Help! My Relationship has Issues!

Filed in Relationships by on September 4, 2013 0 Comments

For this month, we are going to a bit of a different format. We are going to start a series of blogs for the month. The theme this month is Relationship Building. The first topic I want to address is relationship issues.

Couple butting heads, relationship issues, 9tenets.comThe term, ‘issues,’ in the context of relationships is a colloquialism for challenges and/or obstacles one is trying to overcome. Everyone is going to have issues in their relationships. We are not perfect. We are broken individuals to an extent and imperfect people will make imperfect relationships.

Although imperfect relationships are a fact of life, you want to be aware that challenges are opportunities. It’s simply how we choose to look at them.

We must be aware that the best and strongest relationships are often the type of relationships where the couple had to overcome some very challenging issues. It’s never going to be easy, hard work is always going to be involved. If we are committed to our relationships, then not only is the work a requirement, but it should be a willing sacrifice to better strengthen the relationship.

Let’s look at three ways to deal with issues in every relationship:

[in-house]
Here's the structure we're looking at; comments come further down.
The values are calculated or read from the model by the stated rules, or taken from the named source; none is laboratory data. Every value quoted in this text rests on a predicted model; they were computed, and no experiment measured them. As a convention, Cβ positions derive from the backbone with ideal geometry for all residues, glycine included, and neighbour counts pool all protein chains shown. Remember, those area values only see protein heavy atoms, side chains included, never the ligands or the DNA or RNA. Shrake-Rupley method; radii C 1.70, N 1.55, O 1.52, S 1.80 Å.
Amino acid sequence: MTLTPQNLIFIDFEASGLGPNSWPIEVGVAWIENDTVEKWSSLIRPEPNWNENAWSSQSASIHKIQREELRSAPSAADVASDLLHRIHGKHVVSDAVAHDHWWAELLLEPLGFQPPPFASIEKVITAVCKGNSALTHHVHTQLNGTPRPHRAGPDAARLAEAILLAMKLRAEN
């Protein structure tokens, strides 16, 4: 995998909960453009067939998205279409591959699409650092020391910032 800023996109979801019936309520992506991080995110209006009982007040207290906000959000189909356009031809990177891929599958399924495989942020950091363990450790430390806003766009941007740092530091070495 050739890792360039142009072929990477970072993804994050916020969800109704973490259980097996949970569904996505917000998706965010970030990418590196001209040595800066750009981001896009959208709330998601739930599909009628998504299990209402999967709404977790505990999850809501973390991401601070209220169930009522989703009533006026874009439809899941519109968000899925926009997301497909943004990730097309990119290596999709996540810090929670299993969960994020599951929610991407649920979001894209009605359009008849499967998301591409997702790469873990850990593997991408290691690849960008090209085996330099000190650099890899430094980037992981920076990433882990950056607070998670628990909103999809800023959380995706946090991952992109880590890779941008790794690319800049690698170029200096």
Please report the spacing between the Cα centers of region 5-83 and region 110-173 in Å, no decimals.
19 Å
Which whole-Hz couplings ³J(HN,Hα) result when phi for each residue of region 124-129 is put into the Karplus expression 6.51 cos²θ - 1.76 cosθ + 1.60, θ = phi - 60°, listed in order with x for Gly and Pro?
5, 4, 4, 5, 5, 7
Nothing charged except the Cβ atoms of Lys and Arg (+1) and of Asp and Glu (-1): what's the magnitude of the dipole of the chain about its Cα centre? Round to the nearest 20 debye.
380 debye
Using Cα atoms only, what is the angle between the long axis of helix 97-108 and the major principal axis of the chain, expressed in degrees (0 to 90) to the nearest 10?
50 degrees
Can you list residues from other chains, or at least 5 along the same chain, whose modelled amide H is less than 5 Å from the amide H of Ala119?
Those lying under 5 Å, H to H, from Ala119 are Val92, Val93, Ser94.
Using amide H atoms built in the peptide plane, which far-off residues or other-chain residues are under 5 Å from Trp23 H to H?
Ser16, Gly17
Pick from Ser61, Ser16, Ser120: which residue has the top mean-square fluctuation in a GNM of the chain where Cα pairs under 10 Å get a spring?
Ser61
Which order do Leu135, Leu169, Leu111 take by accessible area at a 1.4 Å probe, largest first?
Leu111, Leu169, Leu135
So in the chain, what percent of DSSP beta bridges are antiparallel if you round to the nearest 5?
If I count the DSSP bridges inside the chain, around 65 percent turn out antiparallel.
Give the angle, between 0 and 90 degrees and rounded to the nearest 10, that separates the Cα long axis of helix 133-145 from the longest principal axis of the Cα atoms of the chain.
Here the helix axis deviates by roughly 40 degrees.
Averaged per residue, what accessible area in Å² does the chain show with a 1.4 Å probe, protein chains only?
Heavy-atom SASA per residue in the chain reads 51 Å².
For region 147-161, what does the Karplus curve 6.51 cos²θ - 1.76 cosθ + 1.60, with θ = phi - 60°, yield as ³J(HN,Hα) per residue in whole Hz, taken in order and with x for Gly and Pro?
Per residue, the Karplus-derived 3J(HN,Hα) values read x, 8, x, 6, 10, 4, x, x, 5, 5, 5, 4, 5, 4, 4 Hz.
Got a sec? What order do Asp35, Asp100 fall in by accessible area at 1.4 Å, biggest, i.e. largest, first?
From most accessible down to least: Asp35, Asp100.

We’re not putting these in any particular order, but for this first one, if you don’t have trust, you don’t have much of a committed relationship.

The beauty of a relationship, in all of its dysfunctional characteristics which may occur from time to time, is that if you each trust the other, you can work through anything. I can’t stress this enough. Going back to the fact that we are fallible people makes everyone capable of messing up. I’m not simply talking about cheating, since that’s what we all think of when we talk about messing up. I’m talking about things like mismanaging family finances, not completing a task for your spouse that you said you would, or treating a step-child like a stranger at times.

These are places where the lack of trust one spouse may have in another is intensified. I can’t tell you to stop making mistakes. It’s not going to happen; it’s a waste of ink on the page. What I can share is this: you have to do what you say you are going to do. And THAT is something you can control.

You have to follow through on what you say you plan to do. If you are the household accountant, then you have to reconcile the checkbook. If you are the new parent with a child coming into the blended family and you make a commitment to treat that child as your own, you have to do it (raising children is difficult and everyone has their own style—I’m talking about making the effort—not style of parenting).

Trust can be either earned or given, but once you lose one’s trust you may not be able to regain it. Don’t allow it to go this far. Trust is a requirement in any committed relationship. Issues will occur, but if you trust each other, they are much easier to overcome.

Addressing the Issue

Too often in relationships, things come up that we don’t want to deal with and we try to bury our heads in the sand. The method of ignoring issues doesn’t work. We have to be willing to deal with whatever comes.